A common tool used by traders for identifying a stock price trend is moving average charts.
Moving average indicators measure the mood of the market by revealing the directional trend of a stock.
It is a smoothing technique that removes abrupt, choppy fluctuations (noise).
Understanding the Moving Average System
A stock’s closing price represents the opinion of “the crowd,” that is, the majority of traders, regarding the value of that stock for that day.
By averaging the closing prices of a stock for several days or weeks, the general direction the stock is moving becomes apparent.
Once a stock starts moving in a particular direction, it often gains strength, and usually does not reverse easily.
As each new day comes, the oldest price in the period being averaged is replaced by the closing price of the new day, and the average is recalculated.
This continuing calculation through time gives it the name “moving average”.
You can plot both a long-term and a short-term moving averages and compare their relationship to each other.
You can also look for times when short- and long-term lines cross each other, as this can indicate a change in a stock’s price direction.
Values used for these short- and long- day trends are typically 8, 10, 20, 50, 100 and 200 days.
A Look at 5- and 20-Day Moving Averages
Figure 1 plots a 5-day and 20-day moving average.
The line that hugs the candlestick line on this chart is the 5-day simple moving average (SMA), and the smoother line is the 20-day simple moving average.
Note that the stock makes a dip in price, but then continues its uptrend, while the 20-day SMA shows that the stock is still in an overall uptrend, despite the pull back.
Consider Also: What is a Stock Portfolio and How Does it Work?
Exponential Moving Average EMA
Exponential moving averages (EMAs) are more reliable for short-term forecasting than simple moving averages (SMAs).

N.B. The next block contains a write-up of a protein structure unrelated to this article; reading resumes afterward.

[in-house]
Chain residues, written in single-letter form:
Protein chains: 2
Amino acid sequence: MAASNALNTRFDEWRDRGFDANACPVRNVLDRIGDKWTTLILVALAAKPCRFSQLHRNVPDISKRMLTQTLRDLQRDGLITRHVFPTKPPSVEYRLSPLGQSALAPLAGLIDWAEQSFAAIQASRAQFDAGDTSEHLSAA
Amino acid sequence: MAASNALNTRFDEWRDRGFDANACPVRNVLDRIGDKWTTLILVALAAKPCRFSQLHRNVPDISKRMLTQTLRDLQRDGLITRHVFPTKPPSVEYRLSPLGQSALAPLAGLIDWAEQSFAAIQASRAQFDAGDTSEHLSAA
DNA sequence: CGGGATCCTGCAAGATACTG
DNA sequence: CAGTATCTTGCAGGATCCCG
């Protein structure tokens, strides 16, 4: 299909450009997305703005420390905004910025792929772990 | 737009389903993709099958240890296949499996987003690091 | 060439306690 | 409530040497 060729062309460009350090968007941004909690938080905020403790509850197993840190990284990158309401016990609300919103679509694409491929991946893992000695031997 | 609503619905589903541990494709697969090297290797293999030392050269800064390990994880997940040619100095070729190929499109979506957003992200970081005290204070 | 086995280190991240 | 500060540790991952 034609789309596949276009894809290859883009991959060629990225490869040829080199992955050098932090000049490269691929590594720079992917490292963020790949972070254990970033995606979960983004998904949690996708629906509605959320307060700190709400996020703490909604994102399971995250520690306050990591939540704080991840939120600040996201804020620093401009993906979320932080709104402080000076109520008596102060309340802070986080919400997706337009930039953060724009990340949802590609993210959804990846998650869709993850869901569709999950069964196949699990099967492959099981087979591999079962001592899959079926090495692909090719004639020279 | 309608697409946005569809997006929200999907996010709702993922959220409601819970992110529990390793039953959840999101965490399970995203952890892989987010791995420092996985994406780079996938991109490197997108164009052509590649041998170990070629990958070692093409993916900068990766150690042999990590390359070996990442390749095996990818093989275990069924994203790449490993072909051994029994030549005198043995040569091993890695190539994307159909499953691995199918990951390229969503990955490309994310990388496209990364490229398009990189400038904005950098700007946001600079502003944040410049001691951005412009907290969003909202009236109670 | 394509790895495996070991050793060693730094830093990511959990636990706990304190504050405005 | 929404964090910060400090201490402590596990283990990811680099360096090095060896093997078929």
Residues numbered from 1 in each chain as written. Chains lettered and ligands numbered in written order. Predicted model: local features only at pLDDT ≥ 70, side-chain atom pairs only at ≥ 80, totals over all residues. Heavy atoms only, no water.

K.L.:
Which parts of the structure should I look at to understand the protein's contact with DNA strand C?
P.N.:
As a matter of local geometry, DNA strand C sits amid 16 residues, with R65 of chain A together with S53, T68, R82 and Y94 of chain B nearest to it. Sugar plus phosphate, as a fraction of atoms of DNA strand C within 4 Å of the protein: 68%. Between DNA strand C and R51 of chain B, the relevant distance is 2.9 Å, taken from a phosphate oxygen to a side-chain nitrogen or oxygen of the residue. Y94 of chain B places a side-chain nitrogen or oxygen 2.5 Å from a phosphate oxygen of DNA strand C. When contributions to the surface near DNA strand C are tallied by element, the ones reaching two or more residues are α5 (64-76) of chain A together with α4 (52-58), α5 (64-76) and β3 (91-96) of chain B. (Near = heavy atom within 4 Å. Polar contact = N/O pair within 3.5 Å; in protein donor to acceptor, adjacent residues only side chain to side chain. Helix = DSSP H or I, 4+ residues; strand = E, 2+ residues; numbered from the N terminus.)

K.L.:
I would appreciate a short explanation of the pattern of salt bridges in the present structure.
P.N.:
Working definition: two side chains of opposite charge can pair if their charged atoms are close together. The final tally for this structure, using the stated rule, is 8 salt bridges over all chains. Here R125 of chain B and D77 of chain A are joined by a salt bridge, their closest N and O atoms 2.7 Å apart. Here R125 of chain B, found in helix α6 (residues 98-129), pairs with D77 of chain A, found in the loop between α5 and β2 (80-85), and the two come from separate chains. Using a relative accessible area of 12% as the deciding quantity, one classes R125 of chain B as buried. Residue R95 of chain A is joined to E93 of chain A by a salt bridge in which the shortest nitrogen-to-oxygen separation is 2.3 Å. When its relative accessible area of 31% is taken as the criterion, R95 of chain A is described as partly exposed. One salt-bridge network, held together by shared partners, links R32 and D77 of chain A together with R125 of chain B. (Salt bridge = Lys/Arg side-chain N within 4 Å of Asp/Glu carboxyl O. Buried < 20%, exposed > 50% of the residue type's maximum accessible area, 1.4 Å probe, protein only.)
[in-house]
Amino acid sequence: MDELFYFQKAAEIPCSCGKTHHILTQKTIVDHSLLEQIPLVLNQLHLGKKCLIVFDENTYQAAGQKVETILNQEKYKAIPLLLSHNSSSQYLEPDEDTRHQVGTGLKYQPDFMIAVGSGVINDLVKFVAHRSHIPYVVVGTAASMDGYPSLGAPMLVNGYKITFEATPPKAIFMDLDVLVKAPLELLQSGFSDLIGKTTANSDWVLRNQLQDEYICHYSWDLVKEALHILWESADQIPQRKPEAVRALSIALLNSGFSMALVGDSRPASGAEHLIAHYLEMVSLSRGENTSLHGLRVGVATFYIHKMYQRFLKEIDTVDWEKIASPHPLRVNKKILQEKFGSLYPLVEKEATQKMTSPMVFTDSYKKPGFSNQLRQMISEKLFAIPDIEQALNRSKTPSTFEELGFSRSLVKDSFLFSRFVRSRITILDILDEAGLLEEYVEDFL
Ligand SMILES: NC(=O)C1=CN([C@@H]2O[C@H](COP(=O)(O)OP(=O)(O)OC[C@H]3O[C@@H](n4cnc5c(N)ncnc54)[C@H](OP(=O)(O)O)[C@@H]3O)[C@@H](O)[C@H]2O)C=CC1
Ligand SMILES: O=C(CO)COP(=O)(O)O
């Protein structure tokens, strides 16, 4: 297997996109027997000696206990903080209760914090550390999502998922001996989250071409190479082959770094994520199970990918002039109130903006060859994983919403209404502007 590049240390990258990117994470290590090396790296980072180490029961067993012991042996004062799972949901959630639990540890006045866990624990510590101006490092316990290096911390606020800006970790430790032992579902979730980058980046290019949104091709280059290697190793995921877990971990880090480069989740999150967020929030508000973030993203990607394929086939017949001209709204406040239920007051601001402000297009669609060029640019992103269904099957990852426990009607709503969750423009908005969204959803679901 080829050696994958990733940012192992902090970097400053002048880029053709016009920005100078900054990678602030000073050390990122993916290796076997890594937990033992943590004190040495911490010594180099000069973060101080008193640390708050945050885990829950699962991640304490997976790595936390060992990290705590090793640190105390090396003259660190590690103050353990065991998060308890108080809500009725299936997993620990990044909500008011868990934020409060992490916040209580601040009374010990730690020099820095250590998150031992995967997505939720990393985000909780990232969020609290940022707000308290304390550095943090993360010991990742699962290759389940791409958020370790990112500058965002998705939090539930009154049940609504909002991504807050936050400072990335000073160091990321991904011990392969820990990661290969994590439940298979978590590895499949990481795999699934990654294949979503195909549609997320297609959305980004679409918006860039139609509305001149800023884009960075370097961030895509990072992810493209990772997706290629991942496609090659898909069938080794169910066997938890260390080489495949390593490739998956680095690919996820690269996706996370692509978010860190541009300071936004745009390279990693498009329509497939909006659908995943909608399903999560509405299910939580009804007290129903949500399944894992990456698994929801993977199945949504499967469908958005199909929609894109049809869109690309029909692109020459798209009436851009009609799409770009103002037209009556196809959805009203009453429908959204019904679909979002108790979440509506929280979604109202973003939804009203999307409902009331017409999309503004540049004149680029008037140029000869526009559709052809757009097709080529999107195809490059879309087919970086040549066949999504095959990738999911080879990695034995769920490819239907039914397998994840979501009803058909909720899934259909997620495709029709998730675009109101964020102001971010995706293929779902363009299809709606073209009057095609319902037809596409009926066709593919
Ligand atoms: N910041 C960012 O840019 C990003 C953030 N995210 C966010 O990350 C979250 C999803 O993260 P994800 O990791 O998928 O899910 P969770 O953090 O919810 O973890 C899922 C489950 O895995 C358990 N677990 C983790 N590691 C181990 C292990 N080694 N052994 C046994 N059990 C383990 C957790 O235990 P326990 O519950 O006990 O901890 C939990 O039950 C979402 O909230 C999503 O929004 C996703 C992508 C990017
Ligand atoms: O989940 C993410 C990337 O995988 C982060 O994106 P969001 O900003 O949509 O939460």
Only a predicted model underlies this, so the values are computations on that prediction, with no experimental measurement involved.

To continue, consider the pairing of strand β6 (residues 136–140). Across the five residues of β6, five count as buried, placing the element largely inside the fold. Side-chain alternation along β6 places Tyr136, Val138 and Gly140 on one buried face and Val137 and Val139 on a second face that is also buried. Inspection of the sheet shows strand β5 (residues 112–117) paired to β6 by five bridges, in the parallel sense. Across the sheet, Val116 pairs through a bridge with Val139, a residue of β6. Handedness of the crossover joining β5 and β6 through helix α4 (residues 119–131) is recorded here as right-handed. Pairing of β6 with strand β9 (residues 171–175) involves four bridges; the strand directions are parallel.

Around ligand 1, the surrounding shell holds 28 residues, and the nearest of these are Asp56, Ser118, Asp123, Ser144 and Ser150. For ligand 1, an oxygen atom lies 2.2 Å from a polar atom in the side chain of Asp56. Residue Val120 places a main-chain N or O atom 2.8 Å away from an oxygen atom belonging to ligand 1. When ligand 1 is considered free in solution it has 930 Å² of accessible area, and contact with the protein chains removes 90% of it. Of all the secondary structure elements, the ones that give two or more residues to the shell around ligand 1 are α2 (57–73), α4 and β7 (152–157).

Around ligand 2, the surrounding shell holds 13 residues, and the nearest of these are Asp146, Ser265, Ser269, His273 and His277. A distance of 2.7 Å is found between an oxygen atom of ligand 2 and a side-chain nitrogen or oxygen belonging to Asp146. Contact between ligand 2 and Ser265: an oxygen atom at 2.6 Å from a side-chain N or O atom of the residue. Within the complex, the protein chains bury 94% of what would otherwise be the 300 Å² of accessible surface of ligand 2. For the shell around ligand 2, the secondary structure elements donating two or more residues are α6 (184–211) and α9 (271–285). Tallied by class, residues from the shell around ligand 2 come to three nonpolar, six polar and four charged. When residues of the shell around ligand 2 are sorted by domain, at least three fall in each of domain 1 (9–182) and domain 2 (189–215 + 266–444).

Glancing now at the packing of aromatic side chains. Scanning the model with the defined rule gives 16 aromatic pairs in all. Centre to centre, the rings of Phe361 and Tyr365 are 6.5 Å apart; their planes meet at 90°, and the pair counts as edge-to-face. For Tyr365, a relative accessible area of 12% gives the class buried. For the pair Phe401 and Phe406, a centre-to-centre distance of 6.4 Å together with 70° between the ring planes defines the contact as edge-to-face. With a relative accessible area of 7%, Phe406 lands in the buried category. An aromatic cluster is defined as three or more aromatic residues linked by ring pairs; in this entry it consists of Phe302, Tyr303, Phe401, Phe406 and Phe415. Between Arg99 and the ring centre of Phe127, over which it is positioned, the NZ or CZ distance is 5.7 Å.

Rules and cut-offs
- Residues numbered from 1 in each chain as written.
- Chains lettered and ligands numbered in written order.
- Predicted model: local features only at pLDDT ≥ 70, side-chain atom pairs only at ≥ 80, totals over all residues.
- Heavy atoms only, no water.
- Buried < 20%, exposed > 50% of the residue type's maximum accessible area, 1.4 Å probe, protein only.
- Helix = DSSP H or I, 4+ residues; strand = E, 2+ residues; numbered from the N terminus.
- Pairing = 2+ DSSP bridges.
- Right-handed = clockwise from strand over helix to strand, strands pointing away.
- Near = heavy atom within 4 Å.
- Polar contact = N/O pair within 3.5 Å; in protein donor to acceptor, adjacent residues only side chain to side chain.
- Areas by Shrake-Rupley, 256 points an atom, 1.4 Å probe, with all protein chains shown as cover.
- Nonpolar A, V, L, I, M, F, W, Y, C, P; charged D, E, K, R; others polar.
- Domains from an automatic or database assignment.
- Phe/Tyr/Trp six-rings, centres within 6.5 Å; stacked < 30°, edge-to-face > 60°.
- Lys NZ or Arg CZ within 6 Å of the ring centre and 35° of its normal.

Exponential moving averages weigh the most recent prices heavier than previous prices, unlike simple moving averages, which weigh all prices in the time frame equally.
The EMA is better for swing traders than the SMA, because it provides clearer trending signals.
We like using the 5-day exponential moving average to indicate the short-term direction and the 20-day exponential moving average to indicate the longer-term direction, as it tends to be good at predicting price direction (Figure 2 below).
• When the 5-day EMA crosses above the 20-day EMA, an uptrend is indicated.
• When the 5-day EMA crosses below the 20-day EMA, a downtrend is forming.
Moving Average Charts
All charting websites have the capability to plot simple and exponential moving averages using different time periods.
You can quickly plot a 5-day EMA and a 20-day EMA on a chart and compare them (as well as any SMA or EMA plots you want).
These EMA technical indicators can be displayed on most free bar chart programs including:
Setting up a 5-day EMA and a 20-day EMA on most charting sites is fairly easy, but it might not be quite so obvious on another popular site, tradingview.com.
So, here’s the step-by-step procedure for that charting website:
1. Enter the ticker symbol to display a chart.
2. Click on the “Full Features Chart” button.
3. Click on “Indicators”.
4. Scroll down the alphabetical list of indicators to Moving Average Exponential, and click on it. At the upper left of the chart, “EMA (9, close)” will appear, indicating a 9-day EMA. Three small gray boxes appear next to that text. Click on the center icon (looks like a gear) to edit, and change the 9 to 5.
5. Again, click on “Indicators,” scroll down to Moving Average Exponential once more, and click on it.
6. Another “EMA (9, close)” appears underneath the first one. Click on the middle gray gear and change the 9 to 20.
There you have it…a nice chart showing both the 5-day and 20-day exponential moving averages.
Note any intersections of the two averages. Whenever the 5-day moving average crosses above the 20-day moving average, this is a strong indication that the stock price will move up in the short term.
Whenever the 5-day crosses below the 20-day, there’s a good chance the stock price will continue dropping.
The 5-day/20-day EMA indicators are simple to plot on many free stock charts, and they are fairly reliable, with the following cautions.
They do not work well for low time frames, making them unusable for day trading. They suffer from “noise,” that is, frequent up and down spikes.
It is also not reliable for a sideways-trending stock, that is, stocks trading in a narrow range.
Moving Average Technical Analysis
Some traders like to use a 9-day EMA and a 13-day EMA for their comparisons.
When the 9-day EMA crosses above the 13-day EMA, it’s a possible entry signal for a bullish position.
The next plateau to watch is the 50-day EMA. If the stock breaks above it, look for a continuing trend.